Monday, July 31, 2017


We call this picture of him "Sly Duke"
This is an especially difficult Monday for me. When I got up, I felt draggy, tired, and depressed. I'm told that those are classic symptoms of grief. If so, then I have a classic case of grief.

As I sit here at my computer in the office (which also doubles as a guest room), Duke is supposed to be lying on the bed over there as I type. In fact, it was never too long before he came to join me in here from any other part of the house, especially if Clark was outside (which he is now) or off to run errands. I find myself looking over at the bed often, at the spot where Duke always lay: on the right side, just in front of the pillow. I always covered him up with his little blanket that Holly gave him after his back surgery. Of course, I still have that blanket, and I'm going to make it into a pillow.

We still have his collar and his leash, but we gave Holly his toys for Sunny and Bruno. Duke dearly
loved squeaky toys, but he usually "killed" them in five minutes flat! That's a dachshund thing that doxie lovers know well. We also gave Holly his fleece animal print blanket which he loved to chew on--he always did that before he went to sleep. I suppose it calmed him.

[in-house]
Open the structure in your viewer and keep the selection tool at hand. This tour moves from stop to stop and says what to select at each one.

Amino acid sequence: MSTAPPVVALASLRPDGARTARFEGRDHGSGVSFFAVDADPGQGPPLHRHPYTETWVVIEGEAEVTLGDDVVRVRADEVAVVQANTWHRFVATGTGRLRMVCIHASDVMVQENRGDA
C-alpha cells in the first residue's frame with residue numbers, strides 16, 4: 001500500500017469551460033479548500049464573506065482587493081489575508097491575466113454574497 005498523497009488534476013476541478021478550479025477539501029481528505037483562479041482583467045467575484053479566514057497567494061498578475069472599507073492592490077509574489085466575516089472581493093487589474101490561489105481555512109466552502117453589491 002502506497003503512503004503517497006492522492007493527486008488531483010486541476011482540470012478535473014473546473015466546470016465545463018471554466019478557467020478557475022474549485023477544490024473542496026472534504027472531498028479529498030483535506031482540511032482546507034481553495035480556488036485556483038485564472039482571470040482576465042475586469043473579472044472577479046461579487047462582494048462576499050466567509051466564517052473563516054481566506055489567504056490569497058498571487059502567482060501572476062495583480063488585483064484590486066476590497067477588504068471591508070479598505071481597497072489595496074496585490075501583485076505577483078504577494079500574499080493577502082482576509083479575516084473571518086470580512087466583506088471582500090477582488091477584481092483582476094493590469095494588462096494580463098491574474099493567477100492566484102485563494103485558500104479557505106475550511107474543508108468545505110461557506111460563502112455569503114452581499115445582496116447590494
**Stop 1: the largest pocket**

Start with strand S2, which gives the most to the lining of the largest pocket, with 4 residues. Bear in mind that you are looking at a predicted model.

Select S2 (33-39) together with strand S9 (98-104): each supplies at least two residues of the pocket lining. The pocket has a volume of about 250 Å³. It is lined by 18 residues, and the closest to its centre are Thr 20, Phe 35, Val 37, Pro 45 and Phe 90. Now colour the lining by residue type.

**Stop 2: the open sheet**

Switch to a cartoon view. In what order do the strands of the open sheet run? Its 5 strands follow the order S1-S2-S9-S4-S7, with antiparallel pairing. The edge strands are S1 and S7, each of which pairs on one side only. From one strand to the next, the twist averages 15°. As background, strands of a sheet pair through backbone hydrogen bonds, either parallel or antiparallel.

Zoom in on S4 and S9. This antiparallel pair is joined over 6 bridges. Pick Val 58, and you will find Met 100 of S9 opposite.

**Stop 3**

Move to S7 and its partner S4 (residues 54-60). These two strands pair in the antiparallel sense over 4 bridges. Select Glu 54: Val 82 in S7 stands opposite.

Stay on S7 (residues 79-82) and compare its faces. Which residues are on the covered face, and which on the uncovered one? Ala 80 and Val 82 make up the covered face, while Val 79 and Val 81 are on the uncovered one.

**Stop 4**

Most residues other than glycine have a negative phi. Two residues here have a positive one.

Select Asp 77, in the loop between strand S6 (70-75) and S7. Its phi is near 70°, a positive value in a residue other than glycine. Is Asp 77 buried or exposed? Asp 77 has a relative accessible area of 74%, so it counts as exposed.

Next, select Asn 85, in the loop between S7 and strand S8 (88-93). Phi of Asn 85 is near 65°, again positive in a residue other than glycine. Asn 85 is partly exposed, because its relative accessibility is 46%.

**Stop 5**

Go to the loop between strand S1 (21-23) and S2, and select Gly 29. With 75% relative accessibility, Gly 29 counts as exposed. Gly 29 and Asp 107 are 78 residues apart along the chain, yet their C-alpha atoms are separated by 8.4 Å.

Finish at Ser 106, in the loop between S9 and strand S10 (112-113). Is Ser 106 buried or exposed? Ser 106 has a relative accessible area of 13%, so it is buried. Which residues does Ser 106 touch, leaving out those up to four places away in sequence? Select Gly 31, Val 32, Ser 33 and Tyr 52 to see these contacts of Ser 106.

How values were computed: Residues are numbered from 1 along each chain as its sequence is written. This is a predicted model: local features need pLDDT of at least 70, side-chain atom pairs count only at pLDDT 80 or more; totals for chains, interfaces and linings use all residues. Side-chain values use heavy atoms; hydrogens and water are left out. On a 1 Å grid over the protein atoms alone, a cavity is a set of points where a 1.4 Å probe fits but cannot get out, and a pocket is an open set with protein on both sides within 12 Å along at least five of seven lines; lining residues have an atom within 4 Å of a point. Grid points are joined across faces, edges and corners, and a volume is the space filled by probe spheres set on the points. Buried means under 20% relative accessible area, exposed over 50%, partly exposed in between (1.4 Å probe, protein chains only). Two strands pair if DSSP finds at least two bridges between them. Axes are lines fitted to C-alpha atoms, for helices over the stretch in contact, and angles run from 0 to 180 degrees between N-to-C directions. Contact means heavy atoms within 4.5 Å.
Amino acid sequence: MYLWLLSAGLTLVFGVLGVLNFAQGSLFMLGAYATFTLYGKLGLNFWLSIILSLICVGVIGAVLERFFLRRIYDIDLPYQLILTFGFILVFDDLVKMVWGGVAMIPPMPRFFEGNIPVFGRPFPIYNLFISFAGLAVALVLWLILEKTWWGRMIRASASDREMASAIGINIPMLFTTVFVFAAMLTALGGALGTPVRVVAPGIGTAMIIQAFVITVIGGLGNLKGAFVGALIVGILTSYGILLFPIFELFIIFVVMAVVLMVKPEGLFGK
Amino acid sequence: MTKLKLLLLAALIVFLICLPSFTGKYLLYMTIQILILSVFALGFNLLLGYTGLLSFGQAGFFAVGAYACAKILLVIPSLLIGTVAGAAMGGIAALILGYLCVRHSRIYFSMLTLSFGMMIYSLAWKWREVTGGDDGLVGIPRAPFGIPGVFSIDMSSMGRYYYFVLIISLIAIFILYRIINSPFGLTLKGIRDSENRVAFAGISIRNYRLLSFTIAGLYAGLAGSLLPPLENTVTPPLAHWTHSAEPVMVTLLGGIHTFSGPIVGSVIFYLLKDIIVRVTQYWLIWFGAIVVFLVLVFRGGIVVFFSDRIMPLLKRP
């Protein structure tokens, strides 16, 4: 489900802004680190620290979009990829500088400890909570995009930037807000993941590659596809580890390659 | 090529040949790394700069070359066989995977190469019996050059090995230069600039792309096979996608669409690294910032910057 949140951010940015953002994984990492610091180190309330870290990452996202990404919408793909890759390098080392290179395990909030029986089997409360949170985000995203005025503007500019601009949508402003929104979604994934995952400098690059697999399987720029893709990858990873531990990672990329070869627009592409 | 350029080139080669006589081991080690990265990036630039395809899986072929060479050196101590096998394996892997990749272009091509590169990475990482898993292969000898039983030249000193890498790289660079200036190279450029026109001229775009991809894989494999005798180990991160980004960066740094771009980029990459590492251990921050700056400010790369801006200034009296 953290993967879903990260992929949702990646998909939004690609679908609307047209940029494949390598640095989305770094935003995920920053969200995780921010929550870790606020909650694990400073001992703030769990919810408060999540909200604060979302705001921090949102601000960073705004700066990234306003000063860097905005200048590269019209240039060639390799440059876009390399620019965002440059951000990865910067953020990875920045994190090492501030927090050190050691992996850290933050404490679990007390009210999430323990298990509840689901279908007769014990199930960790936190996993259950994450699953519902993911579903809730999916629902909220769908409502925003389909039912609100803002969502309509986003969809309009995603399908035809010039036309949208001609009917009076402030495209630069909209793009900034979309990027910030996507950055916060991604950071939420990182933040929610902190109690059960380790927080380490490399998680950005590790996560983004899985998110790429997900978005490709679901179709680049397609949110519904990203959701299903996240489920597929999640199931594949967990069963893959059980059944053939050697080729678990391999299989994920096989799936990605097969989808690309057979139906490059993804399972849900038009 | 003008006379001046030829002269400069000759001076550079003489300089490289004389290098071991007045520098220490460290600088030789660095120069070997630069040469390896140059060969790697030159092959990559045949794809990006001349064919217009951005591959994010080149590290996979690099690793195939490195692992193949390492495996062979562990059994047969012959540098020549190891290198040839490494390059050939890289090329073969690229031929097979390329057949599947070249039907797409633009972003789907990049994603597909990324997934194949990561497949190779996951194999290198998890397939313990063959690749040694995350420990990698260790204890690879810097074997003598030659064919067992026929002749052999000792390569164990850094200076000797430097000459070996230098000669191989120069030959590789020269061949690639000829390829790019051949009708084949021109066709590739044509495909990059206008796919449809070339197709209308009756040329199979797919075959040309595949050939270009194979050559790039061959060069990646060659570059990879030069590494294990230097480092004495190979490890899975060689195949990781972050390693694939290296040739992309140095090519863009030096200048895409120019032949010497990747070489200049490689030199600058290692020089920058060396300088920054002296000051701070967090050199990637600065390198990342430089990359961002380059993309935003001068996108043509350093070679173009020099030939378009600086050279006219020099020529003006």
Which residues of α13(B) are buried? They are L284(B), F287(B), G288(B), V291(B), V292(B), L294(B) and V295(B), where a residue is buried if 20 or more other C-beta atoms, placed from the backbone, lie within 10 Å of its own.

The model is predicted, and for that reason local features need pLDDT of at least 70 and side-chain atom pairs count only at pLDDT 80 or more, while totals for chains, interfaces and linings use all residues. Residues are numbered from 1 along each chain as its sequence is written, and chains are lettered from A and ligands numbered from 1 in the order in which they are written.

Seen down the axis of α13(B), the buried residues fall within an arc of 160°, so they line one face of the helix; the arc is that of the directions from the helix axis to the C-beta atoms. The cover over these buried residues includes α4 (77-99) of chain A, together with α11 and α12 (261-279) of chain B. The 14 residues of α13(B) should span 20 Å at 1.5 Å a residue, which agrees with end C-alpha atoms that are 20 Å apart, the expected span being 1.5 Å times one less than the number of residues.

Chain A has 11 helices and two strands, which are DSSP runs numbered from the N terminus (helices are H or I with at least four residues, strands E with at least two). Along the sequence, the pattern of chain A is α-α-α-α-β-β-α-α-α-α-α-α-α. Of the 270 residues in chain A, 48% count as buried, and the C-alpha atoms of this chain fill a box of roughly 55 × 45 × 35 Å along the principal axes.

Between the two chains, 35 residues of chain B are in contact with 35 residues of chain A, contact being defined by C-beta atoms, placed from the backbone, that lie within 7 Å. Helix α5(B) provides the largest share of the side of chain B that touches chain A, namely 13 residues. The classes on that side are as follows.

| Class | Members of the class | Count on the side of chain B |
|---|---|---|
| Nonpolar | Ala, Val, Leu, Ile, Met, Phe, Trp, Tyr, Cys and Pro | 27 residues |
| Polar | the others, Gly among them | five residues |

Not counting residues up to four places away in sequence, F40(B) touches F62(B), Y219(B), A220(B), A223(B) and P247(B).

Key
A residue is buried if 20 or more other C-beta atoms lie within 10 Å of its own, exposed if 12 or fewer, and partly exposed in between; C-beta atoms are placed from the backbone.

His bear, 2007
His stuffed kitty? We buried it with him. We found that black stuffed kitty at a yard sale, figuring that it would be an inexpensive toy for Duke to chew on. But ya know what? He never chewed on it--he
lovingly licked it and didn't like for anyone to have it but HIM. It had gotten a bit smelly from his licking it so much, but I didn't ever wash it (he only had it a few months, anyway). We had no idea when we brought that toy home that it would outlast Duke.

So . . . this is where I am today, two days after Duke left us. The house is too quiet, too stifling, too sad--but I can't muster up the desire to go anywhere or do anything. Oh, Clark has coaxed me out to eat a couple of times (so I wouldn't have to cook and he wouldn't have to clean up the kitchen), but that's about it. I always thought that grieving people should get out, do things, see friends. But that's much easier said than done, my friends. Much easier said than done. I'm told it will get better, and I know it will. I feel better here and there, only to come crashing down in a vale of tears a few minutes later. I know God is in control, I know He is watching over me, and for that I am so thankful--but my heart hasn't yet caught up with what my mind knows is true. I can look out the kitchen window and see Duke and Shadow's graves across the creek. That doesn't make me sad: I recall how much Duke was suffering, and seeing his grave brings some comfort that he IS no longer in pain.

Typical: begging for some
of our food!